His folitude, which has been already accounted for, prevented the diversion of his mind by conversation from brooding over his disappointments, and aggravating e. very injury that he had suffered, by all the circumstances which ingenious resentment, if it does not find, is apt to create ; a resolution which he had taken, and to which he obftinately adhered, not to wear spectacles, precluded the entertainment which he might otherwise have found in books; and his giddiness, though it was à mere corporal disorder, prevented the employment of his mind in compofition. In this situation, his thoughts seem to have been confined to the contemplation of his own misery, which he felt to be great, and which in this world he knew to be hopeless. The sense of his prefent condition was neceffarily complicated with regret of the paft, and with resentment both against those by whom he had been banished, and those who had deferted him in his exile. A fixed attention to one object, long continued, is known to destroy the balance of the mind; and it is not therefore ftrange, that Swift should by degrees become the victim of outrageous madne fs.

That he was weary of life, appears by many partages

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in his letters and expreffions to his friends. In 1739, three years after his memory first declined, he had been ftanding with a clergyman under a very large heay pier glass, which, just as they moved to another part of the room, fell down, and broke to pieces. The clergyman, ftruck with a fenfe of the danger from which they had escaped, turned to Swift, and cried out, “ What a mercy “ it is that we moved the moment we did! for if we “ had not, we should certainly have been killed.” The Dean replied, that, as to himself, he was forry he had changed ground, and wilhed the glass had fallen upon him. [D. S. p.217.]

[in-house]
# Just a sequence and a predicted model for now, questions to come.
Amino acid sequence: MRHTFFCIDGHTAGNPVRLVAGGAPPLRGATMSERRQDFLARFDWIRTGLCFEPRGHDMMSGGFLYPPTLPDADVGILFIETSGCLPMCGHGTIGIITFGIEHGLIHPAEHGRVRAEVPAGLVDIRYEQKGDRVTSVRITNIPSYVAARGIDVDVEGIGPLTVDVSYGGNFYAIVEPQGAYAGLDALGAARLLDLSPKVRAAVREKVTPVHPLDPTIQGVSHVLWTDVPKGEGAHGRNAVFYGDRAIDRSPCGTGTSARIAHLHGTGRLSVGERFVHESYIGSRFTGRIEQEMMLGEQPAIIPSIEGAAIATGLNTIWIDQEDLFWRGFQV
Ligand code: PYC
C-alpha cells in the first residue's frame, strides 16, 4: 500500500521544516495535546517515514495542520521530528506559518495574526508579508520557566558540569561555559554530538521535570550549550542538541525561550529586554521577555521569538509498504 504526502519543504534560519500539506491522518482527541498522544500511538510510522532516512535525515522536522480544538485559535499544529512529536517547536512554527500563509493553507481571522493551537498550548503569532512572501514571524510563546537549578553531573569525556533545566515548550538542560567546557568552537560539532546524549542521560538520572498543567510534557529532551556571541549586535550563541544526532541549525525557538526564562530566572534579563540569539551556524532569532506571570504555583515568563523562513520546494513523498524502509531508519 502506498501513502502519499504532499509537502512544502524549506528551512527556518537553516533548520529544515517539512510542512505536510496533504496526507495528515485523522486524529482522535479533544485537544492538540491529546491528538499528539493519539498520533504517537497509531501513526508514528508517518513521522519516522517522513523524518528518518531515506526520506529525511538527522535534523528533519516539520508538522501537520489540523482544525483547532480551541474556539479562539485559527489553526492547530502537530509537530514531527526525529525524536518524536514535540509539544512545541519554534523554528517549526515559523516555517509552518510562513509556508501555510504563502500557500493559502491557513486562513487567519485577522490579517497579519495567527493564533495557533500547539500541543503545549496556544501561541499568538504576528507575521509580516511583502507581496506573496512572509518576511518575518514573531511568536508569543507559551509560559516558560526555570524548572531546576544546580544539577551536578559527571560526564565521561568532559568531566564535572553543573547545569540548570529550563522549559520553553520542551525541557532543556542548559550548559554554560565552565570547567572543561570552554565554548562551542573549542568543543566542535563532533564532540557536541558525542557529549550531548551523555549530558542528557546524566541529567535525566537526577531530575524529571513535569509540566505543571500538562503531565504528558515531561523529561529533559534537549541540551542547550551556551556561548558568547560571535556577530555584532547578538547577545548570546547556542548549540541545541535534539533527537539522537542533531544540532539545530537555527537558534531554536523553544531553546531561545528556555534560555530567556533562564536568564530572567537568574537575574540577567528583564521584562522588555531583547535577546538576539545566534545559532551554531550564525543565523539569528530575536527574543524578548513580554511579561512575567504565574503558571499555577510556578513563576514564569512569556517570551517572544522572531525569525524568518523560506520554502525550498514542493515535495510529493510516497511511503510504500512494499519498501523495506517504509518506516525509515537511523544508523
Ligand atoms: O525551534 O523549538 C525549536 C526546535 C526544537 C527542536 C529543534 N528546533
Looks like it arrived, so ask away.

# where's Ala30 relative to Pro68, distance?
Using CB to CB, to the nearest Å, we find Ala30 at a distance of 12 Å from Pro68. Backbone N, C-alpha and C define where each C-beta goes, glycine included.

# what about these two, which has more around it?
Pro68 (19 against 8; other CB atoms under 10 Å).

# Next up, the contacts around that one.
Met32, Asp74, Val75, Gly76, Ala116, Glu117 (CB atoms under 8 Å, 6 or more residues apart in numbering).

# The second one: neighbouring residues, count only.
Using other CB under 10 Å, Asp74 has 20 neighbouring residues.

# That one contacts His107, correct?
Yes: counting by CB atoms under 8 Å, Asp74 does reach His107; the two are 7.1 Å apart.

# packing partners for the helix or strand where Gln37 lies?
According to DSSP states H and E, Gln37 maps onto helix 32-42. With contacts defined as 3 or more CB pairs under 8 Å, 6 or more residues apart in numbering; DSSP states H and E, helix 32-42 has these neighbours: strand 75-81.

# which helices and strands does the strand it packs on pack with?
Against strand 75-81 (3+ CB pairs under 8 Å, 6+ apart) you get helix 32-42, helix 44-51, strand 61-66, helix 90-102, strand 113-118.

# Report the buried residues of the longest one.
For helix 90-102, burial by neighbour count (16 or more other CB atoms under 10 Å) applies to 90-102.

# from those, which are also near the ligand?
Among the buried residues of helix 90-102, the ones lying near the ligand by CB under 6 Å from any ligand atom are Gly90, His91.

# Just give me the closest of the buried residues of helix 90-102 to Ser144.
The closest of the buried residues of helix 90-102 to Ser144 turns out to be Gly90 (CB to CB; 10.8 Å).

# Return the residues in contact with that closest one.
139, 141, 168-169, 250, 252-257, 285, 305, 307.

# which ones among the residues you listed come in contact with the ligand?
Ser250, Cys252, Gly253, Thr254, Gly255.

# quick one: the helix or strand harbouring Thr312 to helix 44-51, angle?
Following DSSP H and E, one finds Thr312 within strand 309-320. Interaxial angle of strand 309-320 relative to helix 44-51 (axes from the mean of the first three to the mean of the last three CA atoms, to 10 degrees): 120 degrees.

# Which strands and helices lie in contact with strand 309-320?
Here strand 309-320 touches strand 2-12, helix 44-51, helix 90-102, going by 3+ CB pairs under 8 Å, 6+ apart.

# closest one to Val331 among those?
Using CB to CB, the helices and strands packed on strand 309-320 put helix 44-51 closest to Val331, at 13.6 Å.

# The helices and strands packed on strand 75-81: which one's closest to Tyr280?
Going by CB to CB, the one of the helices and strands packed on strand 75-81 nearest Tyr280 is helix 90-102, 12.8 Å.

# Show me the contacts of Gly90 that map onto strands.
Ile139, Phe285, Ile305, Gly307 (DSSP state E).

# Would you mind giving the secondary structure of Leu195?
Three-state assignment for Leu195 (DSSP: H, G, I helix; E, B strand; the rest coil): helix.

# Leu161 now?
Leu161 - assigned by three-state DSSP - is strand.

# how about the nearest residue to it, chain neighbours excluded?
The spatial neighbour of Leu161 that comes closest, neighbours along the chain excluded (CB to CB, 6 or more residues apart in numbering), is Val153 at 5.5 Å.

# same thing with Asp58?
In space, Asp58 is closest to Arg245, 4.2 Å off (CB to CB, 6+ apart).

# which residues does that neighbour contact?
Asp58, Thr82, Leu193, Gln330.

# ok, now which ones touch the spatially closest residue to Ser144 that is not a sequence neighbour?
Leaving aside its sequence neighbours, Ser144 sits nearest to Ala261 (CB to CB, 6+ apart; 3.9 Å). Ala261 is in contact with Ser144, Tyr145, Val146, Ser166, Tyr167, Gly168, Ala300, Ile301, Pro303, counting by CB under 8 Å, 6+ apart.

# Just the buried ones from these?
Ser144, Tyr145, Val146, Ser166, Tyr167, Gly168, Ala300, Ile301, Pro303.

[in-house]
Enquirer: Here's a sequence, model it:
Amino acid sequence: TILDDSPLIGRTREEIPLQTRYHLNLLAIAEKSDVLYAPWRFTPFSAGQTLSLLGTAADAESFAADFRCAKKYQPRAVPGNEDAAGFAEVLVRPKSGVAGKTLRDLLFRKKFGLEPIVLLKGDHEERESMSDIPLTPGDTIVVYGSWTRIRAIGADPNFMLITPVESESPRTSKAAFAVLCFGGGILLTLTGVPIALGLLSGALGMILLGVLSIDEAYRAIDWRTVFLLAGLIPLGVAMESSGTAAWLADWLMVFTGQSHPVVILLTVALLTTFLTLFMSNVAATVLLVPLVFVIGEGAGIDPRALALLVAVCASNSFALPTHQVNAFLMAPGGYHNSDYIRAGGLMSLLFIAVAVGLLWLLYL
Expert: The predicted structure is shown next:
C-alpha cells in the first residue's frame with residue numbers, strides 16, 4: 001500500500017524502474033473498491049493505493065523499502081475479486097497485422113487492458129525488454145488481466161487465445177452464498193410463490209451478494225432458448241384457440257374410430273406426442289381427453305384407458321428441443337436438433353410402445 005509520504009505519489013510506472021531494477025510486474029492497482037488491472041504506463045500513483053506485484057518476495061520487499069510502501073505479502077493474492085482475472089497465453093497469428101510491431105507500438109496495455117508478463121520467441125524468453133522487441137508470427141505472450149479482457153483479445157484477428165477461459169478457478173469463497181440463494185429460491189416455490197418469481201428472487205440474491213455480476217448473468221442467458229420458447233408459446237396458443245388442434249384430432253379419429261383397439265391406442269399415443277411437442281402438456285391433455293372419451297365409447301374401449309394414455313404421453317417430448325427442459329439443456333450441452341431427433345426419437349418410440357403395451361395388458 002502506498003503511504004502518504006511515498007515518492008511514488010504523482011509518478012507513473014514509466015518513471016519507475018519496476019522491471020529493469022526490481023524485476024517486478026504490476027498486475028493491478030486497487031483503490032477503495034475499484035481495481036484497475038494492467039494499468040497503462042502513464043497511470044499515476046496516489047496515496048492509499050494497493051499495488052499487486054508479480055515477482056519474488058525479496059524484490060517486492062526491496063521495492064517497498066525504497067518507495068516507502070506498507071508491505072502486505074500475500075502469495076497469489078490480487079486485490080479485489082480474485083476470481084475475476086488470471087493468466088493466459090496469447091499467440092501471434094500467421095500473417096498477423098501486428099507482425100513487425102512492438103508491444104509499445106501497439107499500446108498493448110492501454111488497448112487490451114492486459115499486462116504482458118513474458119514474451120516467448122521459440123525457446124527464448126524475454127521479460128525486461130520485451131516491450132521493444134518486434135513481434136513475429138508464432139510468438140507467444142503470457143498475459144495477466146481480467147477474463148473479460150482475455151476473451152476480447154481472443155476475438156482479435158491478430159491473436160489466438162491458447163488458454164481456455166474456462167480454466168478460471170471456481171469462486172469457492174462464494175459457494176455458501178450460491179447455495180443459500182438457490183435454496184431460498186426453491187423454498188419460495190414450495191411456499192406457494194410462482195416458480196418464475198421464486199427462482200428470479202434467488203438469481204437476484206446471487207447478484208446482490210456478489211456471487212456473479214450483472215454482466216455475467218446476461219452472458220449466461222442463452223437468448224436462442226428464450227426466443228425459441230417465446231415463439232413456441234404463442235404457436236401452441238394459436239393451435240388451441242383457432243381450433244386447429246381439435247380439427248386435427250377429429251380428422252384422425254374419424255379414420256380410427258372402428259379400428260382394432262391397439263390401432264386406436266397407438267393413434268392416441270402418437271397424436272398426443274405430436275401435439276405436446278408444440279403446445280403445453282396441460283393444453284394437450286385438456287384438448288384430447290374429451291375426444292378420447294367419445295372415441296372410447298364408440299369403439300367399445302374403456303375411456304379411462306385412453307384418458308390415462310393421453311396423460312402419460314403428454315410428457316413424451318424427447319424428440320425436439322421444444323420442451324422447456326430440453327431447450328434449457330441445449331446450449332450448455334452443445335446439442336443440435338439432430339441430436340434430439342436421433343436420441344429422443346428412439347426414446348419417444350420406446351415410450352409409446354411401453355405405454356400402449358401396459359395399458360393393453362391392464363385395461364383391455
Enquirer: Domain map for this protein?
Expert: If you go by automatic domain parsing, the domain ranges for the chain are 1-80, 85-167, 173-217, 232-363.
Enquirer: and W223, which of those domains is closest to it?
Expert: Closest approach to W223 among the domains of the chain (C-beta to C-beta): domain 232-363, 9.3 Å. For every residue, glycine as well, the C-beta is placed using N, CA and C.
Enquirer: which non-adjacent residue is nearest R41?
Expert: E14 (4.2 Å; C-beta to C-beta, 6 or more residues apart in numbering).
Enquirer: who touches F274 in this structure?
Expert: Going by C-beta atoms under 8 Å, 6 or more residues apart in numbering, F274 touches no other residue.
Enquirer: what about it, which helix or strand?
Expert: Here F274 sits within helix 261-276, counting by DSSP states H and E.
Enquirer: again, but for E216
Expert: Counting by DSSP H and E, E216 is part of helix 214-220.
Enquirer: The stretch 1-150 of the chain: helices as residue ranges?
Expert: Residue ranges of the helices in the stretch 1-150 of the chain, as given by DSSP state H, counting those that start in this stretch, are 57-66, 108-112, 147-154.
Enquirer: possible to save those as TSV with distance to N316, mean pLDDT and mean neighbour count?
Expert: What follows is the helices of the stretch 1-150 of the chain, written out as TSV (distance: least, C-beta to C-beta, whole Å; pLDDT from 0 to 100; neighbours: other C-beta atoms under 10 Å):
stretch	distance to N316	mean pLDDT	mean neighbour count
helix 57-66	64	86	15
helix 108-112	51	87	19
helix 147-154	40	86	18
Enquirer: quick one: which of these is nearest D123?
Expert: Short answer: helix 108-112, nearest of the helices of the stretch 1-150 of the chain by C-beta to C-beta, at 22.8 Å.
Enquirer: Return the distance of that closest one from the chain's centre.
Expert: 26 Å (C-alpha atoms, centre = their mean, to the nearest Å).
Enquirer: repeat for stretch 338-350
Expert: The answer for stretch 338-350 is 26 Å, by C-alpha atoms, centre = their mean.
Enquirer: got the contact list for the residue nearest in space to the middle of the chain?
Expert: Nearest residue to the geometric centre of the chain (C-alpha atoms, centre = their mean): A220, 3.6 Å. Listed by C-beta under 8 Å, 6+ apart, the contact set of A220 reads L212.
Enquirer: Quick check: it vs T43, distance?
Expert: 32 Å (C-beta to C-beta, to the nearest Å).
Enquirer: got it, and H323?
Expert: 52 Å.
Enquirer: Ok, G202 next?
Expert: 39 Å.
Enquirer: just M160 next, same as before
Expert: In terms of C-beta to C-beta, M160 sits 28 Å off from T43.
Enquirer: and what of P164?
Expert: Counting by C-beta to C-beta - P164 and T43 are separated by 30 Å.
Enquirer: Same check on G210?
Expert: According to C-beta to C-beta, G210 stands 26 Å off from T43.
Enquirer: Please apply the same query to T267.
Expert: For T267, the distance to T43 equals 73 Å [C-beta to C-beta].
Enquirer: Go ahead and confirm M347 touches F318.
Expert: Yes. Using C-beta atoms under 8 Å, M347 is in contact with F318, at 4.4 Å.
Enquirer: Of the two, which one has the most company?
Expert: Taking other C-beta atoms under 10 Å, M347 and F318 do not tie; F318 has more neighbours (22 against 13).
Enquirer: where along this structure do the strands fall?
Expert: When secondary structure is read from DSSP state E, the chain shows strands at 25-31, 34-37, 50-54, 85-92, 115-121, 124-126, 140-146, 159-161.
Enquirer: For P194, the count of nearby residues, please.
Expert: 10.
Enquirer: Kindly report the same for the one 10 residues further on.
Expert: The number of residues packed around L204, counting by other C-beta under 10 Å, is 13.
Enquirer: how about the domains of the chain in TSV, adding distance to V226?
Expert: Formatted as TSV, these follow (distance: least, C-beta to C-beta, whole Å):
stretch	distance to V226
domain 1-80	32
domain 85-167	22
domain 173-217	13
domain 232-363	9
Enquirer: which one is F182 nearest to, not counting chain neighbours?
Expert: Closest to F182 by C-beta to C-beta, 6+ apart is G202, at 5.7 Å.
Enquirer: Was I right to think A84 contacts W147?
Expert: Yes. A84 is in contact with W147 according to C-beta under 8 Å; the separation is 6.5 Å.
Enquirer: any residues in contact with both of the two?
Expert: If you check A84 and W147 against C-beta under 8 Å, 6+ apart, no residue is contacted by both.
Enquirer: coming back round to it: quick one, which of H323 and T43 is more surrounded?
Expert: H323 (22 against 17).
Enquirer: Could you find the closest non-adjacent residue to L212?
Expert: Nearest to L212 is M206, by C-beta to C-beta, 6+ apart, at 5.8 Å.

Till about the time of this accident, though his me! mory was become very defective, and his paffions more violent, yet his conversation was ftill sprightly and fent fible, but mingled with more fácire, and that fatire was more bitter. He also continued to correspond by letter with his friends in England; particularly Mr Pope, with whoin he had contracted an early friendship, which con tinued till his death. It has been said, that towards the end of their lives it grew cold : bat the Dean, in a letter to Lord Ofrery, which he wrote a short time befare his incapacity, says, “When you fee my deat “ friend Pope, tell him, I will answer his letter Toon; " I love him above all the rest of mankind." (vol. 4. p. 3:). He has also called Mr Pope, his dearesi friend in his will (vol. 4. p. 339.); and Mr Pope, in a letter which was written about the fame time, makes this request. 1 AC"s sure him (the Dean), the world has nothing in it I admire so much, nothing the loss of which I should

regret so much, as his GENIUS and his 'VIRTUÈS." [vol. 4. P. 3.)

In the beginning of the year 1741, his understanding was so much impaired, and his paifions so much increr fed, that he was utterly incapable of conversation.

Strangers It was, for many years before the Doctor had loft his memc. ry, a common saying of his, at the time of his parting in the evening with an intimate friend, that used to visit him twice or thrice a-week, “ Well; 'God bless you; good night to you; but I hope " I Mall never see you again.". In this manner he would frequently express the desire he had to get rid of the world, after a day spent in chearfulness, without any provocation from anger, melancholy, or disappointment. D. S. p. 219.